To launch its new popcorn product, Smartfoods Inc. got wild and crazy. The Marlborough, Mass., company hired snow skiers and windsurfers to skid around in oversized versions of its package. It sent similarly attired employees to pass out free samples in the middle of traffic jams. And it parked logo-splattered trucks on downtown streets, whereupon stand-up comedians and street performers entertained passersby.
Smartfoods did just about everything, in fact, but spend money on conventional advertising. Result: The company was able to sell $12 million worth of popcorn in only its third year of business. With the product about to go into national distribution, Smartfoods, now owned by PepsiCo Inc., is predicting $100 million in sales within two years.
In its own offbeat way, the popcorn company is part of a revolution in the way companies sell. With consumers under assault from electronic and print advertising and with store shelves groaning with more new products every year, marketers have been scrambling to find new ways of breaking through the din.
Promotions are nothing new. But their ever-increasing flair, frequency and ability to siphon money from corporate tills has begun to chip away at the old-fashioned mass-market pitch that has been the foundation of consumer marketing for almost a century. The new school of selling goes by a variety of names: "relationship marketing," "micro-marketing," or as Smartfoods likes to call it, "guerrilla marketing." But in each case, the intent is the same: to reach consumers in ways that are more involving and personal.
"Television advertising is now so extraordinarily expensive that forward-thinking marketers have to develop alternatives," said Dana Gioia, the marketing manager of General Foods's Jell-O Desserts. "In the old days, we used to throw a couple of million dollars onto the air and not think twice about it. We can't do that now."
To get closer to its affluent customers, Porsche this spring began pitching its sports cars to 300,000 carefully screened individuals in what the company calls the most sophisticated direct marketing program in the auto industry. Porsche not only knew where these people worked, it knew what their jobs were, roughly how much money they made, the types of cars they owned and where they lived, among other things. The company says it is prepared to stay in contact with each of these prospective buyers through personalized mailings for years to come.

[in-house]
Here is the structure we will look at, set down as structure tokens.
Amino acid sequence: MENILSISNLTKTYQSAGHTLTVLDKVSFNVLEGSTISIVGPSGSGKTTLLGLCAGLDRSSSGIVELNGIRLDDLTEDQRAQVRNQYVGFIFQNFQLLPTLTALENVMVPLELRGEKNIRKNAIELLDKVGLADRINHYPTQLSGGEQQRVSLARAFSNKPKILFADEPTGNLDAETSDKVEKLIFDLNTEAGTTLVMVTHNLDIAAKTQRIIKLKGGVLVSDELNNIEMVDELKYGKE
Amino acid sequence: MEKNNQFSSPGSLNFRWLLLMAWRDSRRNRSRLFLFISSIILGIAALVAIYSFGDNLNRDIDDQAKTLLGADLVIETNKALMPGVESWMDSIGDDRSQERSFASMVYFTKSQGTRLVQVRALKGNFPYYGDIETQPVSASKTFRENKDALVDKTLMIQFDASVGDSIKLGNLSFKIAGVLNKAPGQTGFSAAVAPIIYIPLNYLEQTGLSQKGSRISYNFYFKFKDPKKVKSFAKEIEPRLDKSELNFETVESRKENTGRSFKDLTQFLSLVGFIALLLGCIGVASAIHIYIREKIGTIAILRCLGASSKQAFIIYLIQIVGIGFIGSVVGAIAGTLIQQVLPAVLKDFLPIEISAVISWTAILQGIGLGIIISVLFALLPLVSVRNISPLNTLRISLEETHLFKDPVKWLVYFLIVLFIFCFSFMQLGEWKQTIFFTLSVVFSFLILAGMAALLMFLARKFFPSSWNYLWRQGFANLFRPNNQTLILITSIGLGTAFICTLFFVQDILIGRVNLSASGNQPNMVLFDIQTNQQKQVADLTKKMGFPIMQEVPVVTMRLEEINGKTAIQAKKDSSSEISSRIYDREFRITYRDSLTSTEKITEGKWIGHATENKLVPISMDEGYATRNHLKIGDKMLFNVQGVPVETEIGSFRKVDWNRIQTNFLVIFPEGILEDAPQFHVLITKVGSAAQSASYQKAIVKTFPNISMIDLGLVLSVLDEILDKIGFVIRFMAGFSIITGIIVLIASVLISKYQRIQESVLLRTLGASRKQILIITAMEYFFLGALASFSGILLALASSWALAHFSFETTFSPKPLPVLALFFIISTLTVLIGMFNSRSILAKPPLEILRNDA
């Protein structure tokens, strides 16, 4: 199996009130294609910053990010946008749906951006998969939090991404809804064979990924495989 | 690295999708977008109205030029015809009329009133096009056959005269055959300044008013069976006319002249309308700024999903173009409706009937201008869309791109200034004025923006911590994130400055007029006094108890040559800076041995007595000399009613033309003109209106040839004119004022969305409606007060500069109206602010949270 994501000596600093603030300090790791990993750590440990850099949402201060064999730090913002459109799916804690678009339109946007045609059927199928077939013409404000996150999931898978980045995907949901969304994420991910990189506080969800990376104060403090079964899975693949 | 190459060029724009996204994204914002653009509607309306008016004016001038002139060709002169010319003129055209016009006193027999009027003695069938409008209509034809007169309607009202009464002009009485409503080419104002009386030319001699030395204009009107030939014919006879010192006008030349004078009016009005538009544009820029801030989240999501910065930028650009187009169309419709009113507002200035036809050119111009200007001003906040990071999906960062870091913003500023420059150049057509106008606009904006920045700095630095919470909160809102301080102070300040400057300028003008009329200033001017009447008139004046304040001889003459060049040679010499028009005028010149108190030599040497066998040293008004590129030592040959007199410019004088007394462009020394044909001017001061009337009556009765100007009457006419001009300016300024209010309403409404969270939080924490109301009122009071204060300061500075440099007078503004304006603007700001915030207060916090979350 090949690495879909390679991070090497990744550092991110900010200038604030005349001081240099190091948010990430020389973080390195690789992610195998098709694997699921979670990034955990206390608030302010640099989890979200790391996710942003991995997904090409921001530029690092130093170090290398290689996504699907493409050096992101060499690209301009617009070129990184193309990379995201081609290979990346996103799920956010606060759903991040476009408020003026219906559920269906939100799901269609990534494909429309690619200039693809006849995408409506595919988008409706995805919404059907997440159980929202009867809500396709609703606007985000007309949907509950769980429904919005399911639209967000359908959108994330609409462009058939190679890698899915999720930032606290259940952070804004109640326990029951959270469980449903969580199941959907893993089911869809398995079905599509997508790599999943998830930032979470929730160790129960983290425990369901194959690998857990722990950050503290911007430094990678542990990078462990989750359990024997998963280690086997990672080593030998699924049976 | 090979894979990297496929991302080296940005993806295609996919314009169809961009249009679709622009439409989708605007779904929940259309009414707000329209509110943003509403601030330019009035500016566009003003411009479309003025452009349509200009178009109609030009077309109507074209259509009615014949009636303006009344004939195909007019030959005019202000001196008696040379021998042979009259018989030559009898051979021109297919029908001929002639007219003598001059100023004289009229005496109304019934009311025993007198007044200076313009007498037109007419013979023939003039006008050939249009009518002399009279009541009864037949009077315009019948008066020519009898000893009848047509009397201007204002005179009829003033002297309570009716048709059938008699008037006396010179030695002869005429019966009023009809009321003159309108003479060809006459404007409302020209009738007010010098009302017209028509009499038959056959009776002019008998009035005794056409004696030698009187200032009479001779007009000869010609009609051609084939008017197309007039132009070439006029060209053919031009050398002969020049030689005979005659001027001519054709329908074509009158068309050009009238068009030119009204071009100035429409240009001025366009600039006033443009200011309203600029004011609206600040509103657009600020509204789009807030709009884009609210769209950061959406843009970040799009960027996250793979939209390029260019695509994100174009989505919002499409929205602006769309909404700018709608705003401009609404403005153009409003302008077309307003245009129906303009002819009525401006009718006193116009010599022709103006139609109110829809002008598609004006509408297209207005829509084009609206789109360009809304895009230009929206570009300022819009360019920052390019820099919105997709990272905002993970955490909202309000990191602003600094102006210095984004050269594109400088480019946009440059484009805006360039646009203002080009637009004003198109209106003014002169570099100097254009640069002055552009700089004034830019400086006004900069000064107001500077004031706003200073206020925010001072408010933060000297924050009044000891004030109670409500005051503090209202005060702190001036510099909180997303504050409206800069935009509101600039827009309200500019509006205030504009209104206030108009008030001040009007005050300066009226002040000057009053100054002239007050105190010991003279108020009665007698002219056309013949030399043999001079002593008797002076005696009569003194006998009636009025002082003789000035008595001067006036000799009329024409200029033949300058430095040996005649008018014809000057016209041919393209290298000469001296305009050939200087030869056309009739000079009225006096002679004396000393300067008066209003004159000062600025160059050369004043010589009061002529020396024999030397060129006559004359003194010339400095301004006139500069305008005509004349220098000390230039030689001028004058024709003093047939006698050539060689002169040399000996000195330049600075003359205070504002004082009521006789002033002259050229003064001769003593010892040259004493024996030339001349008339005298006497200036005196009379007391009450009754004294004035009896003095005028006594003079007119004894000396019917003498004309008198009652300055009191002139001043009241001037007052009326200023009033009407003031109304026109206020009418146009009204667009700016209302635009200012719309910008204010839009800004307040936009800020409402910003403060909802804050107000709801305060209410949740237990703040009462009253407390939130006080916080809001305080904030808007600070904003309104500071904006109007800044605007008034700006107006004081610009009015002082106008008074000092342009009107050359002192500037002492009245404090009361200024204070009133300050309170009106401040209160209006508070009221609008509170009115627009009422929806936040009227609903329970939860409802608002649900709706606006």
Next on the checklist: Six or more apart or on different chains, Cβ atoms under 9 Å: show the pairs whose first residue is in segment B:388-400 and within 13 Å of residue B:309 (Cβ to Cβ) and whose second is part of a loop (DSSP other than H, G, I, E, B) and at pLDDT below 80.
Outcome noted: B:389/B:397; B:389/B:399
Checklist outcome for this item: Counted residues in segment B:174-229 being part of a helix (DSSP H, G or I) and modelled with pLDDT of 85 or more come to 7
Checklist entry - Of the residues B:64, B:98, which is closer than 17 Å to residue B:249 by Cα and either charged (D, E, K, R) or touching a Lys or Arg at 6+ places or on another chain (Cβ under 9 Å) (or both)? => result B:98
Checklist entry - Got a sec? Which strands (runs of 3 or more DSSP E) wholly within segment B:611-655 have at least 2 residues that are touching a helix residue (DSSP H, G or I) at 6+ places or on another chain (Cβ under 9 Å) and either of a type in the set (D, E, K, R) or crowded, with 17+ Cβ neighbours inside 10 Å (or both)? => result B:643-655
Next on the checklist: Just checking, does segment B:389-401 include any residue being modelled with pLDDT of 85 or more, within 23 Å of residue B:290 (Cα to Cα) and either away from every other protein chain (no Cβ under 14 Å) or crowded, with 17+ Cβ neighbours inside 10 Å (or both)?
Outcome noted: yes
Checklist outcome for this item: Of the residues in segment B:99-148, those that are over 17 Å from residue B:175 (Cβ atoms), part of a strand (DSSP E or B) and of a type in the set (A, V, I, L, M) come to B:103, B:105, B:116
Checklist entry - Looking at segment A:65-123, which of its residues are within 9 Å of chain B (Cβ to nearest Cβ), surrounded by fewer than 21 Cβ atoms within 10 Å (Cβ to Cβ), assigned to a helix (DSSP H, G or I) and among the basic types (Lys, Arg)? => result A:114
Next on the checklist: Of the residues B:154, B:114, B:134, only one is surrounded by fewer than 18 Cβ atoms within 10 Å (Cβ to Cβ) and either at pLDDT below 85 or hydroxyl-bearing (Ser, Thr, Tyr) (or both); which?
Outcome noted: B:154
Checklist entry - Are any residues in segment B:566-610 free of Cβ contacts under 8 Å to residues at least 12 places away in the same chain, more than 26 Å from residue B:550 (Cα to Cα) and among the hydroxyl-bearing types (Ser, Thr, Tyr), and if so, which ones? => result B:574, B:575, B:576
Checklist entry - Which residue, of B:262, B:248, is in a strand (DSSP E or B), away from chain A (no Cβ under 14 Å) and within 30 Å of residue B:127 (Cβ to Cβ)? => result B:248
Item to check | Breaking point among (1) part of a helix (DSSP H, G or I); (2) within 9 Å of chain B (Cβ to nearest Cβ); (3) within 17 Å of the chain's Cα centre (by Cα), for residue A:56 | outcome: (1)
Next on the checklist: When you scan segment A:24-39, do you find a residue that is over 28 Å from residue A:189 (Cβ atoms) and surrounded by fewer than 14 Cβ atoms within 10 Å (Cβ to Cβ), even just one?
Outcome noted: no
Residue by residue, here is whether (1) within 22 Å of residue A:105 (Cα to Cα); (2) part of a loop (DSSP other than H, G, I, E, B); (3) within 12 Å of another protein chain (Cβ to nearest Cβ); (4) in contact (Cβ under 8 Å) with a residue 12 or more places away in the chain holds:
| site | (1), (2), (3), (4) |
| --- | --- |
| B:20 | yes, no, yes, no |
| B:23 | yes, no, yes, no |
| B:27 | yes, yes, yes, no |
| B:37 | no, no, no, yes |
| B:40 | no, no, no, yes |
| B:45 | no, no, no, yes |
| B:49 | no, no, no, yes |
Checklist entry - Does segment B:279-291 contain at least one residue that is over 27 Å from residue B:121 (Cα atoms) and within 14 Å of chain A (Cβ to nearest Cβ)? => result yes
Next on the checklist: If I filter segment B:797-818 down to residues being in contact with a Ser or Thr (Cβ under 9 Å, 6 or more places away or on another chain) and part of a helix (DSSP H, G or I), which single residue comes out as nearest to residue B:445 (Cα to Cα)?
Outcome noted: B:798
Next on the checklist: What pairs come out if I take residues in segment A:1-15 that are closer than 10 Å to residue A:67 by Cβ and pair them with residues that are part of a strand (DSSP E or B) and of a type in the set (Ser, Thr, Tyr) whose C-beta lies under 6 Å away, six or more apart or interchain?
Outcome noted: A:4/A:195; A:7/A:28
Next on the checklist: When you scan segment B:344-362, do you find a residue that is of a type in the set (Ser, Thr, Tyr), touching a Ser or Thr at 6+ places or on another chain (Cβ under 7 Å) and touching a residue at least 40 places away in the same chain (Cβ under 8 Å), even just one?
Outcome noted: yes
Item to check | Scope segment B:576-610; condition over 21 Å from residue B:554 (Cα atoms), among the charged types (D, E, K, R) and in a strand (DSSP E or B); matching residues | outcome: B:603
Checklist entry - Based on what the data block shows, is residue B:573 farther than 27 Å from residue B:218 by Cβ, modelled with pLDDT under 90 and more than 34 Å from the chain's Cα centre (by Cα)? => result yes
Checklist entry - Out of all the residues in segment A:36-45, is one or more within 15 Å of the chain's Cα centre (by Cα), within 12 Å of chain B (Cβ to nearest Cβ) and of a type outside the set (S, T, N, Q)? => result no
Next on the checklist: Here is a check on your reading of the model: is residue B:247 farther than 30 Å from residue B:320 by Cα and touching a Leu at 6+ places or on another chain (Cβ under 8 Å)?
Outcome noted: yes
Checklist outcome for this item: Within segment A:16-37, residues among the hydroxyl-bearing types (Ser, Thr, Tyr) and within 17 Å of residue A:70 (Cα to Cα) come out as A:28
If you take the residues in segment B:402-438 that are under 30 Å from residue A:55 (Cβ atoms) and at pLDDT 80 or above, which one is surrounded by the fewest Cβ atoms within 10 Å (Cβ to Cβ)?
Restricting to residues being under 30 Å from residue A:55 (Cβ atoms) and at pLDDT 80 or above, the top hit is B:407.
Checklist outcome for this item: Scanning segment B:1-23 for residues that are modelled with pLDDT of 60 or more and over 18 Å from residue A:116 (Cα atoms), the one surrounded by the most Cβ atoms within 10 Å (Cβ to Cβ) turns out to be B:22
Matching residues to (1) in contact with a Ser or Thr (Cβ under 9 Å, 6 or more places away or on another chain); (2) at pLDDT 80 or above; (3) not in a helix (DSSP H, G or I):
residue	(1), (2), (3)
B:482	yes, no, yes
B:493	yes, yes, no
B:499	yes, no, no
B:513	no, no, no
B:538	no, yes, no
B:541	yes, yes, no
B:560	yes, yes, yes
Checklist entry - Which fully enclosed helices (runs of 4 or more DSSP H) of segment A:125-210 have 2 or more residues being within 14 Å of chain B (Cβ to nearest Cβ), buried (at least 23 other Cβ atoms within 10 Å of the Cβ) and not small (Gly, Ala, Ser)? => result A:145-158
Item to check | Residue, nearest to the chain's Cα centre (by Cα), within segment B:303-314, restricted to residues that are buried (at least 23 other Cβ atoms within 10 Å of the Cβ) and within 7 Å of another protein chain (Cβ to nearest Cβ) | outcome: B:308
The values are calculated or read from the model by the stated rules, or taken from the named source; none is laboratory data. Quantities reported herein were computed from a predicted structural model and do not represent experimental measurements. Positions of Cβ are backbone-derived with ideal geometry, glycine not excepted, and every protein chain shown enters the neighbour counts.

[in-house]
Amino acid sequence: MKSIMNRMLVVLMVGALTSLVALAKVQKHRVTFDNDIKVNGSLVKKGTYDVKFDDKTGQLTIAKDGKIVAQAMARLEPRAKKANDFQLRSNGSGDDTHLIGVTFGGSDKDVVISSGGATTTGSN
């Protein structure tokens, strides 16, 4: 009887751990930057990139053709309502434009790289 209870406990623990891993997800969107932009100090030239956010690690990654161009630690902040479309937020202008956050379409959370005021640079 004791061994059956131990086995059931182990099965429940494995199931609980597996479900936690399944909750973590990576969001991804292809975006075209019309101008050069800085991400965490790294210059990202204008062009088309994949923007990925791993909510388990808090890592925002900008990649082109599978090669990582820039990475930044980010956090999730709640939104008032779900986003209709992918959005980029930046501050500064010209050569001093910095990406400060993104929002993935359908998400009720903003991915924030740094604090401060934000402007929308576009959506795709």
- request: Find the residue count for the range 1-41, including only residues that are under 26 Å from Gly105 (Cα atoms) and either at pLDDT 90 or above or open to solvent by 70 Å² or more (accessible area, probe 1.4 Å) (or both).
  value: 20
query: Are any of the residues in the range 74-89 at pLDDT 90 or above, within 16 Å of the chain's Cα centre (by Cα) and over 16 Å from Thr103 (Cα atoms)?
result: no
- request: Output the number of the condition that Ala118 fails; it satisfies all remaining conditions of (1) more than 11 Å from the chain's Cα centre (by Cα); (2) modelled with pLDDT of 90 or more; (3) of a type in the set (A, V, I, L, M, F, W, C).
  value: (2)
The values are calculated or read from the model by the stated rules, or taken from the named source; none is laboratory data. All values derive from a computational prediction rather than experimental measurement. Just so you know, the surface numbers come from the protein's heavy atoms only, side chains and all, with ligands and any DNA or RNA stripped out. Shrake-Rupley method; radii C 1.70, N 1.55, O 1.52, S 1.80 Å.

So-called "event" marketing -- corporate sponsorship of everything from race cars to symphony concerts -- has more than doubled in the past five years to become a $2 billion business, according to Special Events Report, a Chicago-based newsletter. For a sense of how competitive the field has become look no further than the laundry-detergent field: Wisk sponsors fireworks festivals, Dash does marathons, Cheer underwrites Hispanic music concerts and Tide has its logo all over Darrell Waltrip's race car.
"The idea," said Jim Andrews, editorial director of Special Events Report, "is to hit people on the lifestyle level." Indeed: Clorets breath fresheners sponsors the Gilroy Garlic Festival.
Traditional newspaper and television advertising, of course, isn't going away as a means of reaching consumers, but the money being spent on such mass-media campaigns appears to be leveling out after years of steady expansion. Although spending on broadcast, print and outdoor ads topped $120 billion last year, total spending grew only 5.6 percent, barely ahead of inflation, according to the ad agency McCann-Erickson. One academic study suggested last year that media advertising hasn't grown relative to the gross national product since 1984.
Marketers spent almost as much on promotions, sweepstakes, coupons, contests, free samples and other consumer-oriented promotions last year as on regular advertising. The dollars devoted to a third category -- money paid to retailers to support price-discounts and assure shelf space -- surpassed advertising in 1984 and has been growing, according to an annual survey of consumer-goods companies by the research company Donnelly Marketing.